AES Show Preview, Part 1: A Wide Variety of Intros Are Slated

By: Dan Daley, Audio Editor, Sports Video Group
Thursday, October 2, 2014 – 1:33 pm
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The upcoming AES Convention (Oct. 9-12 at the Los Angeles Convention Center) will feature a slew of audio-product introductions, a combination of products new to the market, and some that debuted at the IBC2014 in Amsterdam last month. Here are some of the products that attendees will encounter next week.

Otto is the first subwoofer in EAW’s Adaptive family. In terms of functionality and performance, Otto provides three-dimensional directivity and coverage control through the manipulation of per-driver signal processing. Modules can be obstructed on two faces without compromising output, owing to the symmetrical design of the enclosure and the use of offset-aperture loading for the woofers. Omni, cardioid, and hypercardioid patterns are possible with a single module. Highly complex directivity patterns are possible with arrays. Otto modules use on-board IR transceivers to self-identify configuration without user input. As with the Anya system, power distribution and data cabling are included with Otto systems. External amplification is not required.

The newest mc² series console will debut at the AES Show. The mc²36 all-in-one mixing desk is completely self-contained, including a powerful DSP processing core and all I/O connections, and is available in 16, 24, and 40 fader configurations. Large touchscreen displays provide instant, touch-triggered pop-up menus for fast access to all mixing and routing parameters. Natively equipped with RAVENNA/AES67 technology, the mc²36 integrates seamlessly into IP infrastructures. Rear-panel connections provide 32 mic/line in, 32 line out on XLRs, eight AES in/out, eight GPIO, MADI, and three RAVENNA connections. For operational security, the console has both redundant power supplies and DSP.

MasterCheck is an audio plug-in intended for loudness normalization in audio streaming. With it, audio engineers can apply loudness matching and dynamic-content analysis using such techniques as peak-to-loudness ratio (PLR) to compare audio output with existing productions. The advanced side-chain loudness matching can also be used to audition signal paths without increased loudness to understand precisely how various effects, such as compression, can change the sound with no influence from the loudness enhancement. MasterCheck is available this month priced at $129. Users are also able to download a beta version of the new Visualizer, with full release scheduled for later this year.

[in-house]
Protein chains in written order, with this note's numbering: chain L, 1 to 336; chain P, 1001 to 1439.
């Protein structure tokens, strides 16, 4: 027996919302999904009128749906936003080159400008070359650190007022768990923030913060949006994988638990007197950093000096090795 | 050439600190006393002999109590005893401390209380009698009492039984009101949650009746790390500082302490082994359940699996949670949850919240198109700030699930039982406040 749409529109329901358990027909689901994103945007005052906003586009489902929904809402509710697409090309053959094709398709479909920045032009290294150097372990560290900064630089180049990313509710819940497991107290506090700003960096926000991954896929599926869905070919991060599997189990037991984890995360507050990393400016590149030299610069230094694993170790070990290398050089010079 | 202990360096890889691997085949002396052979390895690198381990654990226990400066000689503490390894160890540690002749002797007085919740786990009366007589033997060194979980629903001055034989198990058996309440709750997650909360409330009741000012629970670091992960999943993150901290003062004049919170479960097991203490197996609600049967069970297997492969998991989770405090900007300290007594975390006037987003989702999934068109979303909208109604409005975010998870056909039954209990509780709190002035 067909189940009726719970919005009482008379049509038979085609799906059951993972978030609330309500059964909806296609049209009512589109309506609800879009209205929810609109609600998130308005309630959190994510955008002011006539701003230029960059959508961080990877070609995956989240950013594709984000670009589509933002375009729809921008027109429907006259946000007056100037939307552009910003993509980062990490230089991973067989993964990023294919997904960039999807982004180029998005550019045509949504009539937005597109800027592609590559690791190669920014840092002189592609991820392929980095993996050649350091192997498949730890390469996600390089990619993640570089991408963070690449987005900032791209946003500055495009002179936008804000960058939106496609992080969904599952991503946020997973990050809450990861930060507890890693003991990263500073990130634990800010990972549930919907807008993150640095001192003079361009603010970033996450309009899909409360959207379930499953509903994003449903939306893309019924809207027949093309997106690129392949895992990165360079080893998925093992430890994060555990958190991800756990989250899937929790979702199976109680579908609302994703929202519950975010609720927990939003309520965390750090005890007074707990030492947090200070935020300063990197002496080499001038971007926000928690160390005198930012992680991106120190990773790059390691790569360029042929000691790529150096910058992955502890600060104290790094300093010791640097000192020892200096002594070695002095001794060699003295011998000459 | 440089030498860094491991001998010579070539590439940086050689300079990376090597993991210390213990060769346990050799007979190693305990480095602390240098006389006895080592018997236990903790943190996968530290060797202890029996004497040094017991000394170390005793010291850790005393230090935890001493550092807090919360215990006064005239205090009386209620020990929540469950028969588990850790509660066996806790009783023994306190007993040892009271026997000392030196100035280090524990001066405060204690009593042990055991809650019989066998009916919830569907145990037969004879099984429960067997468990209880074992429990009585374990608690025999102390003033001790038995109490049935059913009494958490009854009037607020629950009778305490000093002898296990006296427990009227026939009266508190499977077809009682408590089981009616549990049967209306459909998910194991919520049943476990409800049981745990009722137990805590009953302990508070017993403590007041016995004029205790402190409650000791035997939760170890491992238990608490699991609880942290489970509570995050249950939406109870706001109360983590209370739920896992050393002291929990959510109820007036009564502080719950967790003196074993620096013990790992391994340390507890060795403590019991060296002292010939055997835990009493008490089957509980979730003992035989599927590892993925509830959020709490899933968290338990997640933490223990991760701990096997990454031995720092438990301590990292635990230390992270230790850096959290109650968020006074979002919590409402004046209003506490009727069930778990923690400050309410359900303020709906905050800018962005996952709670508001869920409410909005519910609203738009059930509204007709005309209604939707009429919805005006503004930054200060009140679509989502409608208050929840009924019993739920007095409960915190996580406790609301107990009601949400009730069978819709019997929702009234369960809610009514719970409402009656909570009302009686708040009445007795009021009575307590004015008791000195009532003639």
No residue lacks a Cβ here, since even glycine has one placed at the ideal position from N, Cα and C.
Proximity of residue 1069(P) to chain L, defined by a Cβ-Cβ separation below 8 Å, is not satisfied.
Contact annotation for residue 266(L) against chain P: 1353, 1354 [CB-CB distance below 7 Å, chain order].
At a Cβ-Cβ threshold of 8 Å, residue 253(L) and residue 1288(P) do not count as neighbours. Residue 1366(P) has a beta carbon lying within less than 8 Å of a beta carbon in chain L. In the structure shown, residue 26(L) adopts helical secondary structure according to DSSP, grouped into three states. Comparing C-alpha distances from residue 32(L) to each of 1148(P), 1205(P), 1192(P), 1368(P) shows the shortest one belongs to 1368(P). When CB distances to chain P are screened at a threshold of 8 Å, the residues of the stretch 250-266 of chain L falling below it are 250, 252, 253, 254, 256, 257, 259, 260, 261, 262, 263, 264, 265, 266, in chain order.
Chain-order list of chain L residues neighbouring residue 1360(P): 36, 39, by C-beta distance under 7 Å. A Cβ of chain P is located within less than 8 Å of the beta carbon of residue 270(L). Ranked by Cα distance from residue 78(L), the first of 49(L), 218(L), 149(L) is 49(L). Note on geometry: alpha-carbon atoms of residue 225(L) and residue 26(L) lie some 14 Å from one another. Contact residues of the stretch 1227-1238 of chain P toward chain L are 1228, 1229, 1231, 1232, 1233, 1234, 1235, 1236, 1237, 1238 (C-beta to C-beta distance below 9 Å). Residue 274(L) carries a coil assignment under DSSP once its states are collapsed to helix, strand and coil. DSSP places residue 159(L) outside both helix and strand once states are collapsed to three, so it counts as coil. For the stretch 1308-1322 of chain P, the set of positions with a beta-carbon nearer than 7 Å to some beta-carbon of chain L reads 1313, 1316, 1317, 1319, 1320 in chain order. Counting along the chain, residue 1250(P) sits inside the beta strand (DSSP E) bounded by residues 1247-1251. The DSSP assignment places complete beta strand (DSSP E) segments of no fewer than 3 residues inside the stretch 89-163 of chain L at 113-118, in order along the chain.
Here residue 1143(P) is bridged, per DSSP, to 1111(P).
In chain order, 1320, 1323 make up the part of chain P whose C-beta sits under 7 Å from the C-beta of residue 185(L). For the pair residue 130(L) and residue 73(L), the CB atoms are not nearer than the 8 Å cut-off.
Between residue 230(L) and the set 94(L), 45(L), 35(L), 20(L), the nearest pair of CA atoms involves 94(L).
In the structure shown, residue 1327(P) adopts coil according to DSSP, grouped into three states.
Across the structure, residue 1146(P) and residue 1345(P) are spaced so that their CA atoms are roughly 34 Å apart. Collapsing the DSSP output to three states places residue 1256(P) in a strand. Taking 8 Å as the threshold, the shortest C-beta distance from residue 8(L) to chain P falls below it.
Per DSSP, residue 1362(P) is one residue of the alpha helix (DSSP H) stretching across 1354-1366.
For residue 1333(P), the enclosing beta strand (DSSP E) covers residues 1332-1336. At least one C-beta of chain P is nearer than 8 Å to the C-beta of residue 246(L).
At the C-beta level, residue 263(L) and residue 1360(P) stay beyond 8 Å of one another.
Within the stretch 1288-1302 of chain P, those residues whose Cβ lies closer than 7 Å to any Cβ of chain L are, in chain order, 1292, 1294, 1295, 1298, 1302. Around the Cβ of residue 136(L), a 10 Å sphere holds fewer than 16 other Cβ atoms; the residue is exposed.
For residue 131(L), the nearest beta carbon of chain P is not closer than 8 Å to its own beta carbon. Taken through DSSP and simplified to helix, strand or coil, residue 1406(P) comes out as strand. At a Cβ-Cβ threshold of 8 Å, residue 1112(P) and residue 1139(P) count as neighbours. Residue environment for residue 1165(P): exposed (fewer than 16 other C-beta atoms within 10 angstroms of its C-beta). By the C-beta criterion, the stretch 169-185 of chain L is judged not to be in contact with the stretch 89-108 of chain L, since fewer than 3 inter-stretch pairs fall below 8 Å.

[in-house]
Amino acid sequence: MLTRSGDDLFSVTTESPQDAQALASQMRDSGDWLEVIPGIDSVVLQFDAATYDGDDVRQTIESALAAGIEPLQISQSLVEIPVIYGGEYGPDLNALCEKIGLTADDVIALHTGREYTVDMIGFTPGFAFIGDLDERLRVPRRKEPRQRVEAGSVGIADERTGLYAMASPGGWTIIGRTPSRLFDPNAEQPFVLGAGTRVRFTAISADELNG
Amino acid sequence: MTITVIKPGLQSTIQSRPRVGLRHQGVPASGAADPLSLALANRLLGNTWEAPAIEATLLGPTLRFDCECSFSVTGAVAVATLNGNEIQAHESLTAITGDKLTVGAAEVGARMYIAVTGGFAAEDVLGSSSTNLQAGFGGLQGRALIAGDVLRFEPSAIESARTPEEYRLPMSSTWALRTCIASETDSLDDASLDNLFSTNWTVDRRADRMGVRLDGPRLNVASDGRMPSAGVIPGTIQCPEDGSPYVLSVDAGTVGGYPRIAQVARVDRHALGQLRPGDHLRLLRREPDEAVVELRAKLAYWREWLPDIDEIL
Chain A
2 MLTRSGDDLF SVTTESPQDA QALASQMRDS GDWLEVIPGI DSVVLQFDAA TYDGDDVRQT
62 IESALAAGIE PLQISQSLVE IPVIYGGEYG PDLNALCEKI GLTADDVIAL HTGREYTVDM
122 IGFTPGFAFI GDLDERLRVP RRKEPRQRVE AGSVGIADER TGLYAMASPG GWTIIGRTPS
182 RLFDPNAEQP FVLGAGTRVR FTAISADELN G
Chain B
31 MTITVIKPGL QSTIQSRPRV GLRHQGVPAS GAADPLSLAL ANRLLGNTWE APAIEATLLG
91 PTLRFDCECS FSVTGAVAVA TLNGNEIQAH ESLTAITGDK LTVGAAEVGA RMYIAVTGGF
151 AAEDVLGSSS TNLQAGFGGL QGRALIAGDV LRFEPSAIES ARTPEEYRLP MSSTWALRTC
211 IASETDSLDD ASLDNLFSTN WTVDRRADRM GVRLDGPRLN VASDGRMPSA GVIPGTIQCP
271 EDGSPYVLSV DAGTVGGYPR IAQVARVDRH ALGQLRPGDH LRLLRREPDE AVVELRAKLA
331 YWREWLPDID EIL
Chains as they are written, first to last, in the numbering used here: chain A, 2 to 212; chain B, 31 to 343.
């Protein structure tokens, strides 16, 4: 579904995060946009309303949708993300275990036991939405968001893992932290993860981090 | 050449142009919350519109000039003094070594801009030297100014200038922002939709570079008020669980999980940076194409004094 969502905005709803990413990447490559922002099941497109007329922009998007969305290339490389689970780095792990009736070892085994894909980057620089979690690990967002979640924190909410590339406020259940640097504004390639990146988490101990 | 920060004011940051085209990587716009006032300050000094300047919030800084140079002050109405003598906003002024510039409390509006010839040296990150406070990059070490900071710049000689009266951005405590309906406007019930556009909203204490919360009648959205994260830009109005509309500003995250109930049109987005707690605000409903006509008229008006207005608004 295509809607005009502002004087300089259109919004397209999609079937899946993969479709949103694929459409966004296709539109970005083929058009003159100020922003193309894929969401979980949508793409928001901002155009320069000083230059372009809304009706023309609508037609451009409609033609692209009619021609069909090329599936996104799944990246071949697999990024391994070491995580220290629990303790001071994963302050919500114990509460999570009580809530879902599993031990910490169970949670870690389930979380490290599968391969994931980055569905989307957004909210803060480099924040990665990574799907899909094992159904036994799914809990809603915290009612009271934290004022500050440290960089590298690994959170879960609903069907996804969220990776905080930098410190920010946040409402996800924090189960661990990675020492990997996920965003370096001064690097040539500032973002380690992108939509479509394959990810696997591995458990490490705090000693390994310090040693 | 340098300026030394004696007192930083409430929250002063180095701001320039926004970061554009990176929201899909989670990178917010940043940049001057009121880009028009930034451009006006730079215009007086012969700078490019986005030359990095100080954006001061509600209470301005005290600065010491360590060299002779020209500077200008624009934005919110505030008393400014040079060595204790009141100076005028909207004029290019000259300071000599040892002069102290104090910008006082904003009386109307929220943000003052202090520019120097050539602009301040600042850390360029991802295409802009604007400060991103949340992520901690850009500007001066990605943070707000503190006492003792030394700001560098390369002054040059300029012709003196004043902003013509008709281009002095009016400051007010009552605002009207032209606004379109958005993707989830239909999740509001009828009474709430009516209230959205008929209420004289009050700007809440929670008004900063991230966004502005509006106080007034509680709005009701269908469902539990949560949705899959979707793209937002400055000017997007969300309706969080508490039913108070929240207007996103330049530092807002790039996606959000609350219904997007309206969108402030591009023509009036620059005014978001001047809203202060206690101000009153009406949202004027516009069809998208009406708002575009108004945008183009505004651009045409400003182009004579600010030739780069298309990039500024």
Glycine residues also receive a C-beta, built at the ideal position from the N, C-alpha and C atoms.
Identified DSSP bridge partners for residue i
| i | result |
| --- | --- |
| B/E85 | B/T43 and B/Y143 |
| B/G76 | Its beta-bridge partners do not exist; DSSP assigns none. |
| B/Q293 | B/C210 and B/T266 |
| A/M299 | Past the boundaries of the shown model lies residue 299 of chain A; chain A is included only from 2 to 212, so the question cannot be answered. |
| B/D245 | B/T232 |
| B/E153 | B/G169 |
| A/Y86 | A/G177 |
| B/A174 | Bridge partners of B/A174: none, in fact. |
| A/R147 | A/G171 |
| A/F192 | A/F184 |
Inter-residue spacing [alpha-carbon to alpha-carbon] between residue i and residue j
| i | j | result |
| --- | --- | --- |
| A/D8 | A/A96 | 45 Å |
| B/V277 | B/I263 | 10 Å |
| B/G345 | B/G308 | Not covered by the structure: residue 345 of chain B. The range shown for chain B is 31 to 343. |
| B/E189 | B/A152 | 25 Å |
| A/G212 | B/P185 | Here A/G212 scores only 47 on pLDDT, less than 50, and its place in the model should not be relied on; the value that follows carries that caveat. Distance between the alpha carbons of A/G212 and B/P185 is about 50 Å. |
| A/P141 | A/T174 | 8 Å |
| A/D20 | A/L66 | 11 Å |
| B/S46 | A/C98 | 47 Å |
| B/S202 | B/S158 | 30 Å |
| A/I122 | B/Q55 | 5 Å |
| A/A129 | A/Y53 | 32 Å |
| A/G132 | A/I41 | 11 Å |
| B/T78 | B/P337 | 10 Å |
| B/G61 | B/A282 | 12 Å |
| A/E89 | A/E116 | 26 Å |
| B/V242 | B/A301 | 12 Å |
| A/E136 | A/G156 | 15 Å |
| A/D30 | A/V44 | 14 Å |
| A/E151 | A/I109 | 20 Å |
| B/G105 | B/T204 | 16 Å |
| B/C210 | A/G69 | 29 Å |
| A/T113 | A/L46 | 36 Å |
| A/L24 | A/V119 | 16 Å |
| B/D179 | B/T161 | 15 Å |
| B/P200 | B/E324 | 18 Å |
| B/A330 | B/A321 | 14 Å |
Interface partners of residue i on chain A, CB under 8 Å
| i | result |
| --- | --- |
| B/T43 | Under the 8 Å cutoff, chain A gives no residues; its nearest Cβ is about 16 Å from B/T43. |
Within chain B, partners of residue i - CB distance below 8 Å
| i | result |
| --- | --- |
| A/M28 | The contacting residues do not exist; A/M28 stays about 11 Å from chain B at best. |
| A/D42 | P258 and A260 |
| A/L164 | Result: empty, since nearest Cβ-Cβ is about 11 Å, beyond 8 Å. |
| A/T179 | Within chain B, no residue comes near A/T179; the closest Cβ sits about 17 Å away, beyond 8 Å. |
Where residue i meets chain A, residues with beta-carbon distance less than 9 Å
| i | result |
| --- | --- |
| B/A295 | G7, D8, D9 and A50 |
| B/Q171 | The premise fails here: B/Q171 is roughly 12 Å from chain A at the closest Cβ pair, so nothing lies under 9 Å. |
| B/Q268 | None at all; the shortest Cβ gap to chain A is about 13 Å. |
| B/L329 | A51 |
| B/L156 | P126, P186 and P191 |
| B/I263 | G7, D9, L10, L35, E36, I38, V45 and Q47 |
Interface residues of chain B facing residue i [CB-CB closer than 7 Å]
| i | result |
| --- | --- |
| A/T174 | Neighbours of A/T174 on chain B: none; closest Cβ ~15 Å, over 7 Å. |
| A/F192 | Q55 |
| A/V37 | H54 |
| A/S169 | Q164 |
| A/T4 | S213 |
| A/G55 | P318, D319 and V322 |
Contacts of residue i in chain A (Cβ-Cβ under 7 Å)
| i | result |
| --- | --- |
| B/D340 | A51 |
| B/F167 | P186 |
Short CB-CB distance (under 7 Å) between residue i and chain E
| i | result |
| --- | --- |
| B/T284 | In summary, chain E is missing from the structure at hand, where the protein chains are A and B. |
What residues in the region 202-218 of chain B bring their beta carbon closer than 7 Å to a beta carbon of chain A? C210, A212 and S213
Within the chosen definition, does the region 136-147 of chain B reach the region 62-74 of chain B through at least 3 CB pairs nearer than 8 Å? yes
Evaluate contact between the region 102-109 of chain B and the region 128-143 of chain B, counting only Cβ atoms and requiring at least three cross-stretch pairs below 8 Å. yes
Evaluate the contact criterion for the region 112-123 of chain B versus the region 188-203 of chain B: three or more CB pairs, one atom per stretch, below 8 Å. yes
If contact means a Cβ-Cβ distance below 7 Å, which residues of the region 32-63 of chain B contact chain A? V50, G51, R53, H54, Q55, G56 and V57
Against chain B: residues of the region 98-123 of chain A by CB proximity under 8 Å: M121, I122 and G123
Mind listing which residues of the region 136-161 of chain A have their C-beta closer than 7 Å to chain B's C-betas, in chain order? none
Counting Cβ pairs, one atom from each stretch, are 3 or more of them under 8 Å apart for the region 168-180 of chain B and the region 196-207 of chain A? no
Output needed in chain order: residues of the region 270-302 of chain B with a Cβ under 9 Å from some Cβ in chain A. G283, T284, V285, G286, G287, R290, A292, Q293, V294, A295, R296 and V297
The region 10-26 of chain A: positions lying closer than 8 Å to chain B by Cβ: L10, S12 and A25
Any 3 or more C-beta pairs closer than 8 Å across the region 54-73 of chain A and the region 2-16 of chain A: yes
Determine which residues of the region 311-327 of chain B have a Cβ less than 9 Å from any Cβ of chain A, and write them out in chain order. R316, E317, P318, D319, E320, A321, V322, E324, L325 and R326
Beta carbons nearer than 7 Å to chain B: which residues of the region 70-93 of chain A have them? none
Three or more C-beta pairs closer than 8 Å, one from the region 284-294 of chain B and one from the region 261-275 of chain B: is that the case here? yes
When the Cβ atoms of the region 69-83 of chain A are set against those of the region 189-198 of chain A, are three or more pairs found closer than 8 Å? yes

Salzbrenner will announce the North American debut of the network-controlled Polaris Evolution cloud-based digital-audio–mixing system with the Polaris Scala audio DSP unit, where controllers are connected via Ethernet or WiFi, resources are allocated for the tasks at hand, and where signal sources and output devices are connected. Each Polaris Scala can process up to 256 inputs, 128 matrix channels, and 256 output buses that connect to the outside world via MADI. For larger projects, several DSP units can be cascaded to control several thousand channels, all in a compact footprint. Controllers like Polaris Evolution’s 16-fader Access module, the Polaris View motorized multitouch screen, computers, tablets, and smartphones can be connected via either IP/Ethernet or WiFi. The number of controllers can be selected as required, depending on the nature of the project. The Polaris Evolution’s DSP power can be used to configure consoles to accommodate several simultaneous projects in broadcasting stations, OB trucks, onsite locations during live broadcasts, convention centers, or theater venues. In a multiuser setting, each operator has a monitoring and talkback line.

Yamaha will show its new RMio64-D I/O rack unit for Dante/MADI conversion in broadcast and live sound applications. Audio from a CL/QL live sound system can be converted to MADI and fed to an OB vehicle, or a MADI-based console can be integrated into a Nuage system for postproduction. The RMio64-D additionally supports MADI redundancy through simultaneous coaxial and optical connections. There’s also MADI Split (loopback) capability, in which a signal received at either the coaxial or optical input can be also retransmitted to the other output. The RMio64-D is scheduled to be released late this year.

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